Continental Resources Chief Executive Officer Harold Hamm pledged nearly 18% of his company’s outstanding shares as collateral for a personal loan. The pledged shares are valued at about $2.6 billion and represent 27% of his holding in Continental Resources.
Billion-dollar divorce judgment
As reported by ValueWalk, oil billionaire Harold Hamm, who is also chairman of the Oklahoma City-based energy company, is currently in a divorce battle with his ex-wife Sue Ann Arnall. After the divorce trial ended in November, he was ordered to give his former wife $1 billion from their then-massive oil empire centered on the stock of Continental Resources, the oil company Hamm founded. However, since the divorce, the price of oil has tumbled, as has the amount of Hamm’s fortune.
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But for his ex-wife, $1 billion in guaranteed cash isn’t enough, as she is suing for more, citing, among other items, that Hamm owes her a lump sum from the divorce decree. Not to be outdone, Hamm is also suing to change the divorce ruling, contending that his massive fortune is now a shadow of its former self.
In a court filing, Harold Hamm said he “is going to have to borrow money in order to pay this judgment to petitioner.”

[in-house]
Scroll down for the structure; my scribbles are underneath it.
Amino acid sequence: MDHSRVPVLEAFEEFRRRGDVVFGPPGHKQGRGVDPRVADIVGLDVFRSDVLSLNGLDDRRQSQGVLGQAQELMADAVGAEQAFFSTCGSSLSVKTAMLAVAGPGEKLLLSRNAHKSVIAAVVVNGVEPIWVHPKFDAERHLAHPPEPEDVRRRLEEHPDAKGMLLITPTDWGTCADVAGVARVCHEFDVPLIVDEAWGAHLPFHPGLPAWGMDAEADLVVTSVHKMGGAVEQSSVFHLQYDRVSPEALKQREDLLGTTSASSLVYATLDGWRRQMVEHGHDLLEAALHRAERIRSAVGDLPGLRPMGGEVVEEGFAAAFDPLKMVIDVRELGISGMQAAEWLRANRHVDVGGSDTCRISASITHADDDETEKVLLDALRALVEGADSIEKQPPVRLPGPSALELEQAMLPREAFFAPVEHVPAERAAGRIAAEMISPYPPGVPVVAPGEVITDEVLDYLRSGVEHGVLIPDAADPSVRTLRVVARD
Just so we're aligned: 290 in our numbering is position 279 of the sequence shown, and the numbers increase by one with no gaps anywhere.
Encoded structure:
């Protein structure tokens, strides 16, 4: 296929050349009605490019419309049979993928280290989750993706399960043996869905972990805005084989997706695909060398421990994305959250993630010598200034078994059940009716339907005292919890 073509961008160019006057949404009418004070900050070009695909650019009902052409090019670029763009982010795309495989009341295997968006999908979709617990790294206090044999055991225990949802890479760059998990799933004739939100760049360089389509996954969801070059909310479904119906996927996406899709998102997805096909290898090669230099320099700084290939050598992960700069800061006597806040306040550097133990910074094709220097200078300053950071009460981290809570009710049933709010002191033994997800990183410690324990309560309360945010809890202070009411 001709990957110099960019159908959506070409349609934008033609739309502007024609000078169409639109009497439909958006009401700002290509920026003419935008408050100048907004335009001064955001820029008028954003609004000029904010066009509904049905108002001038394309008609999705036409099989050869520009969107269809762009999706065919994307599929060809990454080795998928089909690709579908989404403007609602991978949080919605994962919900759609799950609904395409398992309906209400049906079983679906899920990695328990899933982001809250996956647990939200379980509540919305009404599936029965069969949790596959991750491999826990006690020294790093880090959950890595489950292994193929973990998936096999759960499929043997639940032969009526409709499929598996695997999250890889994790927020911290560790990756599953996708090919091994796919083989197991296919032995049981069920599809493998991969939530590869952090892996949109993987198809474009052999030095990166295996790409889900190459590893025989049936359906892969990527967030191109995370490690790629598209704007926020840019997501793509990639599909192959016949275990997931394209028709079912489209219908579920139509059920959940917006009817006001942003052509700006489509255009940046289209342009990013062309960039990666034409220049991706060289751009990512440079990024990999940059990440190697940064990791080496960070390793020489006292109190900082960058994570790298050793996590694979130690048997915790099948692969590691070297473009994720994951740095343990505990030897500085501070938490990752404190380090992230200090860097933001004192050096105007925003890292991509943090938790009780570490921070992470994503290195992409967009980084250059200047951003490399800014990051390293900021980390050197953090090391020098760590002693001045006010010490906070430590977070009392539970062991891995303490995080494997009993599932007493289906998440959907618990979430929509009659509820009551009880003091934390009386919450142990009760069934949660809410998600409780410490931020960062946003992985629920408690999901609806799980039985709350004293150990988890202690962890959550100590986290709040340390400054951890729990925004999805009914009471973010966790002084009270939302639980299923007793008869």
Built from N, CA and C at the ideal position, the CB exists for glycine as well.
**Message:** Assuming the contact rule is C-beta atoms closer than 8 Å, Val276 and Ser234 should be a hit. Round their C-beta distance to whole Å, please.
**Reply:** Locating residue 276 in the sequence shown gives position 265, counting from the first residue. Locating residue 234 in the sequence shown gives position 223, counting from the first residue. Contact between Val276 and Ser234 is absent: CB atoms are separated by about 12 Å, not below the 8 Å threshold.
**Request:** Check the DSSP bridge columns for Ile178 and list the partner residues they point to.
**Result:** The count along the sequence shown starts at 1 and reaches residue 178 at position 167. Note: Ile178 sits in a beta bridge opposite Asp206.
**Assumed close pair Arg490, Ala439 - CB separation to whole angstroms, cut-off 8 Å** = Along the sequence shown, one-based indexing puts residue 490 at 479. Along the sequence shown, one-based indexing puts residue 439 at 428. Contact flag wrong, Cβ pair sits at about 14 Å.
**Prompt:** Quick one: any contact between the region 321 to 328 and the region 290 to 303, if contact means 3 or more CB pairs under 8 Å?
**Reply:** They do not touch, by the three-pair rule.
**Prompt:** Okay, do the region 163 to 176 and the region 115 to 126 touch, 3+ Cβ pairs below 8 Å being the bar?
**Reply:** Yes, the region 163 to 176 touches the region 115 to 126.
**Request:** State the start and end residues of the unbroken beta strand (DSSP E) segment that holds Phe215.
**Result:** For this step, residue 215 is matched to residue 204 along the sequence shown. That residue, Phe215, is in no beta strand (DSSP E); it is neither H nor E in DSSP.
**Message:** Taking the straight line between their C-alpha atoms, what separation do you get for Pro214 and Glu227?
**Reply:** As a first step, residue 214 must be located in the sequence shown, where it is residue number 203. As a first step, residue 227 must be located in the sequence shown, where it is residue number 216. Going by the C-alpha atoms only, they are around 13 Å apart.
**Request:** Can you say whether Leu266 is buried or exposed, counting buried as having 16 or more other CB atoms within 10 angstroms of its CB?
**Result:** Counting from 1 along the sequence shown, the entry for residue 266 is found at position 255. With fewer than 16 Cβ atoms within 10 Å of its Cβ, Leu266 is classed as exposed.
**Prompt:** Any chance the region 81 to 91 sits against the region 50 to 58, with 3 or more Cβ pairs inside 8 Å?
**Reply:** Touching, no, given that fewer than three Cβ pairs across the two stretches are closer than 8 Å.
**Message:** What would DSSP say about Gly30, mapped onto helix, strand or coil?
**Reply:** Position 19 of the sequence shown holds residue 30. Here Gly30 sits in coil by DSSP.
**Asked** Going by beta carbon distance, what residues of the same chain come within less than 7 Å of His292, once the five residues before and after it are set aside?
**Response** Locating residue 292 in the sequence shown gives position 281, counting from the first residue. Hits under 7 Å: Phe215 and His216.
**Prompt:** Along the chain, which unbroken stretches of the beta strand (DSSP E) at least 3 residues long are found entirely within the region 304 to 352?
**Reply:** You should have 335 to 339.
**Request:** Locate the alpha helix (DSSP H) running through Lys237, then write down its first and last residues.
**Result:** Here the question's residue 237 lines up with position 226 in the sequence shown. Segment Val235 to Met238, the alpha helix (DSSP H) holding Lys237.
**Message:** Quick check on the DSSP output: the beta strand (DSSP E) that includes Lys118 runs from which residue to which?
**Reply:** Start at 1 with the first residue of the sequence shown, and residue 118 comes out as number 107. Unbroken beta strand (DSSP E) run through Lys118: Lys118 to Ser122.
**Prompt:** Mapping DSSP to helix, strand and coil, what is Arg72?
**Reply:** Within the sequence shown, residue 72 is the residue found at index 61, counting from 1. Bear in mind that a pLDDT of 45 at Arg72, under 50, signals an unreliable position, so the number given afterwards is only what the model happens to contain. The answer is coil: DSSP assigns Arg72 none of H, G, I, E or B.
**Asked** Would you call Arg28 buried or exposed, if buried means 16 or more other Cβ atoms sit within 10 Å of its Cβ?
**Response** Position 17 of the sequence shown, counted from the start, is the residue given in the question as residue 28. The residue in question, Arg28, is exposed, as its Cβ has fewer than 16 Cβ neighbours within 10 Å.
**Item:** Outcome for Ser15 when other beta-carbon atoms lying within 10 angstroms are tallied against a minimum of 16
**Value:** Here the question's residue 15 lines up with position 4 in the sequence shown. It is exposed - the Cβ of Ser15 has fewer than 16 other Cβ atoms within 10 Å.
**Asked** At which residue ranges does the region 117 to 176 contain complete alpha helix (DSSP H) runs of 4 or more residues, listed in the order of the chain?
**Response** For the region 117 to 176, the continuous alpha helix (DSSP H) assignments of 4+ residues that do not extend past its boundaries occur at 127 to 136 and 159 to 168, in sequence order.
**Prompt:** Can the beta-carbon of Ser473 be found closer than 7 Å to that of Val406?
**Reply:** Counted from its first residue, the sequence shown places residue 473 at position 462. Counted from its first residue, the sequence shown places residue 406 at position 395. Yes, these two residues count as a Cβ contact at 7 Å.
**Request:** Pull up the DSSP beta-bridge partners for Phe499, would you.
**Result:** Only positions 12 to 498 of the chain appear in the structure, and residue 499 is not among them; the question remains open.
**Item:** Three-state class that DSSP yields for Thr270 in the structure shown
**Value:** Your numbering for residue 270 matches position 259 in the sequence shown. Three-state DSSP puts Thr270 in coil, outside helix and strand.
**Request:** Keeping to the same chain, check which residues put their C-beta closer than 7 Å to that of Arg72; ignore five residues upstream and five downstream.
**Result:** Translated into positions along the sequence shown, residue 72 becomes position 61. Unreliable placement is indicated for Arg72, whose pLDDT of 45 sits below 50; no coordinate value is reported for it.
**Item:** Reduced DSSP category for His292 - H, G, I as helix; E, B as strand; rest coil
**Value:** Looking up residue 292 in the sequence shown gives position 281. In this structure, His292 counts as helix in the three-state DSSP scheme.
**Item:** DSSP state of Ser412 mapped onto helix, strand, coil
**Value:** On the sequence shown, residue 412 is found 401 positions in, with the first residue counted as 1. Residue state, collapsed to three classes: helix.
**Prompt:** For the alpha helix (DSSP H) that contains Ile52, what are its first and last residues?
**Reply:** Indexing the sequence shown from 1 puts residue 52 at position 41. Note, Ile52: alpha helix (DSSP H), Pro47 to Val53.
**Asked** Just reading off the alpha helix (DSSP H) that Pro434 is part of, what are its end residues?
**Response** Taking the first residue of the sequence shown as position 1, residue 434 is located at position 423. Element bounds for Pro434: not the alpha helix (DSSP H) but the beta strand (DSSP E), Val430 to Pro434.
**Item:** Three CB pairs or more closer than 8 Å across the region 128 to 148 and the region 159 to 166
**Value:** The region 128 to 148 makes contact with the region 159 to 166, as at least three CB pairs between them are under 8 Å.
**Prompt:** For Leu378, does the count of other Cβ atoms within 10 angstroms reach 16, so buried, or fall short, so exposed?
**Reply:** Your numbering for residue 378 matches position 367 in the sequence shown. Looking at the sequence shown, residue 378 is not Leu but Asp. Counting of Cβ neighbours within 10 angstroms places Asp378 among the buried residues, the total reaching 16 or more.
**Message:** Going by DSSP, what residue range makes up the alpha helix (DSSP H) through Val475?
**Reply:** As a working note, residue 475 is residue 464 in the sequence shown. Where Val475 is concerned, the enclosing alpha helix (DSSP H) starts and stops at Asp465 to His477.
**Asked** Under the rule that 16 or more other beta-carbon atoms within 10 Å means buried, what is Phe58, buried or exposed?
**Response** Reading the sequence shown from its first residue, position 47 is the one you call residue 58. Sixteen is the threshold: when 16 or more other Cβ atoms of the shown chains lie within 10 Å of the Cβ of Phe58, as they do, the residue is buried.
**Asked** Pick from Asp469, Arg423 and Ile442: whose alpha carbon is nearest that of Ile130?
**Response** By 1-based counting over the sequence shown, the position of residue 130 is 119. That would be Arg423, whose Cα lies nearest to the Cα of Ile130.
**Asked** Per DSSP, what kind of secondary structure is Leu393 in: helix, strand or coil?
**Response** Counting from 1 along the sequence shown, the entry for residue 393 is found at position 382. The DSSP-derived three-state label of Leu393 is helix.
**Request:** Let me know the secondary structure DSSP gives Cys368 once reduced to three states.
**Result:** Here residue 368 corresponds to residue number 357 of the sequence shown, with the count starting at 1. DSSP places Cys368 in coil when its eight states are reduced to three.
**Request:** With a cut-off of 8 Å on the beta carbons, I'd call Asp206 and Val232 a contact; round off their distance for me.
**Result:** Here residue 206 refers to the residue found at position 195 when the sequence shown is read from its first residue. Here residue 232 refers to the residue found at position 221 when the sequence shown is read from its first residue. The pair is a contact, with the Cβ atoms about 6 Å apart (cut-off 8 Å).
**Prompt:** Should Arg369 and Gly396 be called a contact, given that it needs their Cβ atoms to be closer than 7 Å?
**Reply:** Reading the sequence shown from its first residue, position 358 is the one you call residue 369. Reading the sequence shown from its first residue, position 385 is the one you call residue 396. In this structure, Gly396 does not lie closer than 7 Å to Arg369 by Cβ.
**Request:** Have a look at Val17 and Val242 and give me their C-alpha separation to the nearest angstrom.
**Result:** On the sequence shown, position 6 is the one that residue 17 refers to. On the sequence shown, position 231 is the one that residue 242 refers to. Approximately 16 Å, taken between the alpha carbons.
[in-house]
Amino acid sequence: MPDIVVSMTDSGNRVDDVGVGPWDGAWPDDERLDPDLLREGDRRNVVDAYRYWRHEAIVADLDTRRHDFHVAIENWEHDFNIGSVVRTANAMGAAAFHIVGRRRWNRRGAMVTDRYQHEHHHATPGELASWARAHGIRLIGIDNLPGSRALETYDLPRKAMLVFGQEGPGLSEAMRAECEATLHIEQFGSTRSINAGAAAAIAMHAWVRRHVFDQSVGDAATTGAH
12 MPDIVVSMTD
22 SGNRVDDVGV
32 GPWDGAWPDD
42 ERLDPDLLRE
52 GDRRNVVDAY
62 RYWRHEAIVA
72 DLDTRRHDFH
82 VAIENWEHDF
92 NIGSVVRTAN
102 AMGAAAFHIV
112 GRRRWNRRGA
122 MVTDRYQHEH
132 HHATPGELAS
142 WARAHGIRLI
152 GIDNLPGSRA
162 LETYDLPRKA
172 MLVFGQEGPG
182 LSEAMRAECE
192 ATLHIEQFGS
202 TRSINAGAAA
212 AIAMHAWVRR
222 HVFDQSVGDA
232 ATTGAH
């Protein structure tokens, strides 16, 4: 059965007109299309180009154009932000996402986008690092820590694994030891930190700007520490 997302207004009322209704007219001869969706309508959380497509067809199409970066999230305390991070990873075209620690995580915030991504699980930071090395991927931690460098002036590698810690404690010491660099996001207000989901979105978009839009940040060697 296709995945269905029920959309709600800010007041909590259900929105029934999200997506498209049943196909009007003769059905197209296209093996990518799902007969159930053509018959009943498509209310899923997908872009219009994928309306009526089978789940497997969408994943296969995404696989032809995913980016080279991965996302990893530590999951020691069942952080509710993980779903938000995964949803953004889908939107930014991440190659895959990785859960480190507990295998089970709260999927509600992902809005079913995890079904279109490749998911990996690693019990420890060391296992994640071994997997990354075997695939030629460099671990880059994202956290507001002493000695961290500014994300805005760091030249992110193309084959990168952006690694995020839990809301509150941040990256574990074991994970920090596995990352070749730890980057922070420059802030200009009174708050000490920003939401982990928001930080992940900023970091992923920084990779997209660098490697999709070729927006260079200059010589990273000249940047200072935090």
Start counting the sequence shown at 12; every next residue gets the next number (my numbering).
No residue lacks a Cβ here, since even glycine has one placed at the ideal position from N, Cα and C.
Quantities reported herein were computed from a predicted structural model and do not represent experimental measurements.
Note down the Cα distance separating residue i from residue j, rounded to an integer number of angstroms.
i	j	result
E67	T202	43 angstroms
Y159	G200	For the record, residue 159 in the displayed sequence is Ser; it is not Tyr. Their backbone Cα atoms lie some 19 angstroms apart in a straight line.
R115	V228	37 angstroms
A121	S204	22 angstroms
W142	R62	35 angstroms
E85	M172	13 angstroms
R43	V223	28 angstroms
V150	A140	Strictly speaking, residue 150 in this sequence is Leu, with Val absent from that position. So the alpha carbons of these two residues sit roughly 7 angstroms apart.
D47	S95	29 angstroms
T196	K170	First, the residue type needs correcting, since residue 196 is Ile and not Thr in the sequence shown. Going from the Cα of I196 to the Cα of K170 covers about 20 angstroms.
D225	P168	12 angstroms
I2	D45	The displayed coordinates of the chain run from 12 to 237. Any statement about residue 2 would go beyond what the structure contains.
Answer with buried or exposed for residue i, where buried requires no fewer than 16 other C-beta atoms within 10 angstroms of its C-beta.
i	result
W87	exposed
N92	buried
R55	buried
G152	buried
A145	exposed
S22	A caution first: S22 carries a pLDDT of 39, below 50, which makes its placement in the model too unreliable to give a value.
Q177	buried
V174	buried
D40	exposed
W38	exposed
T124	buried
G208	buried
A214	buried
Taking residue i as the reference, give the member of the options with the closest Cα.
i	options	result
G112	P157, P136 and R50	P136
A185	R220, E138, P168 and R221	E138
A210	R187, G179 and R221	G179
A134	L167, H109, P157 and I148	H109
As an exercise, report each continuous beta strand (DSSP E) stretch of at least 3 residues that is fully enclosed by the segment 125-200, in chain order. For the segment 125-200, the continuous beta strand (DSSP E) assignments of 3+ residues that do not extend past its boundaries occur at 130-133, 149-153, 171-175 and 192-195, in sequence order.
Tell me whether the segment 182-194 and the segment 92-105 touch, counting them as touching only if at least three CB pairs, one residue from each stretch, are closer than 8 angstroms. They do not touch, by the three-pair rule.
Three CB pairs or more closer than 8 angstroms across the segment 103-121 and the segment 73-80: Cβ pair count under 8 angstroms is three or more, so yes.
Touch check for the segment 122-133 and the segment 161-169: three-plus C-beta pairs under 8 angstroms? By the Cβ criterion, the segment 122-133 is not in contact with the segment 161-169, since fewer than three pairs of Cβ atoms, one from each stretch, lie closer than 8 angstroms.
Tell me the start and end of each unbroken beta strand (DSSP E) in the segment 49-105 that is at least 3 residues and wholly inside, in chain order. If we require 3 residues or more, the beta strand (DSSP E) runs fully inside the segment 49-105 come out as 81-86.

Hamm pledged shares worth $2.6 billion
In his latest regulatory filing with the Securities and Exchange Commission, Harold Hamm revealed that he has put up 68.7 million shares as collateral to secure the funding from an undisclosed source and may have to pledge more shares in the future. Based on Wednesday’s market price, the pledged shares are valued at about $2.6 billion and represent 27% of the nearly 253 million shares Hamm holds in Continental Resources.
The Oklahoma City-based energy company has 372.2 million shares outstanding, and 86.1 million of those are in the hands of public investors and available to trade. The regulatory filing reveals that, as part of Hamm’s loan, he could be required to put up more shares if the value of the company’s stock drops.
Though the regulatory filing doesn’t reveal why Hamm took out the loan backed by his Continental shares, his move comes just days after his ex-wife cashed a check for nearly $975 million, which was meant to satisfy the couple’s recent divorce decree.
The energy company maintained that the divorce award has no impact on its business or operations. An energy analyst too said Hamm’s personal borrowing won’t damage the company or other shareholders unless Continental shares continue to fall sharply on lower oil prices. Continental’s shares have lost over half of their value over the last four months.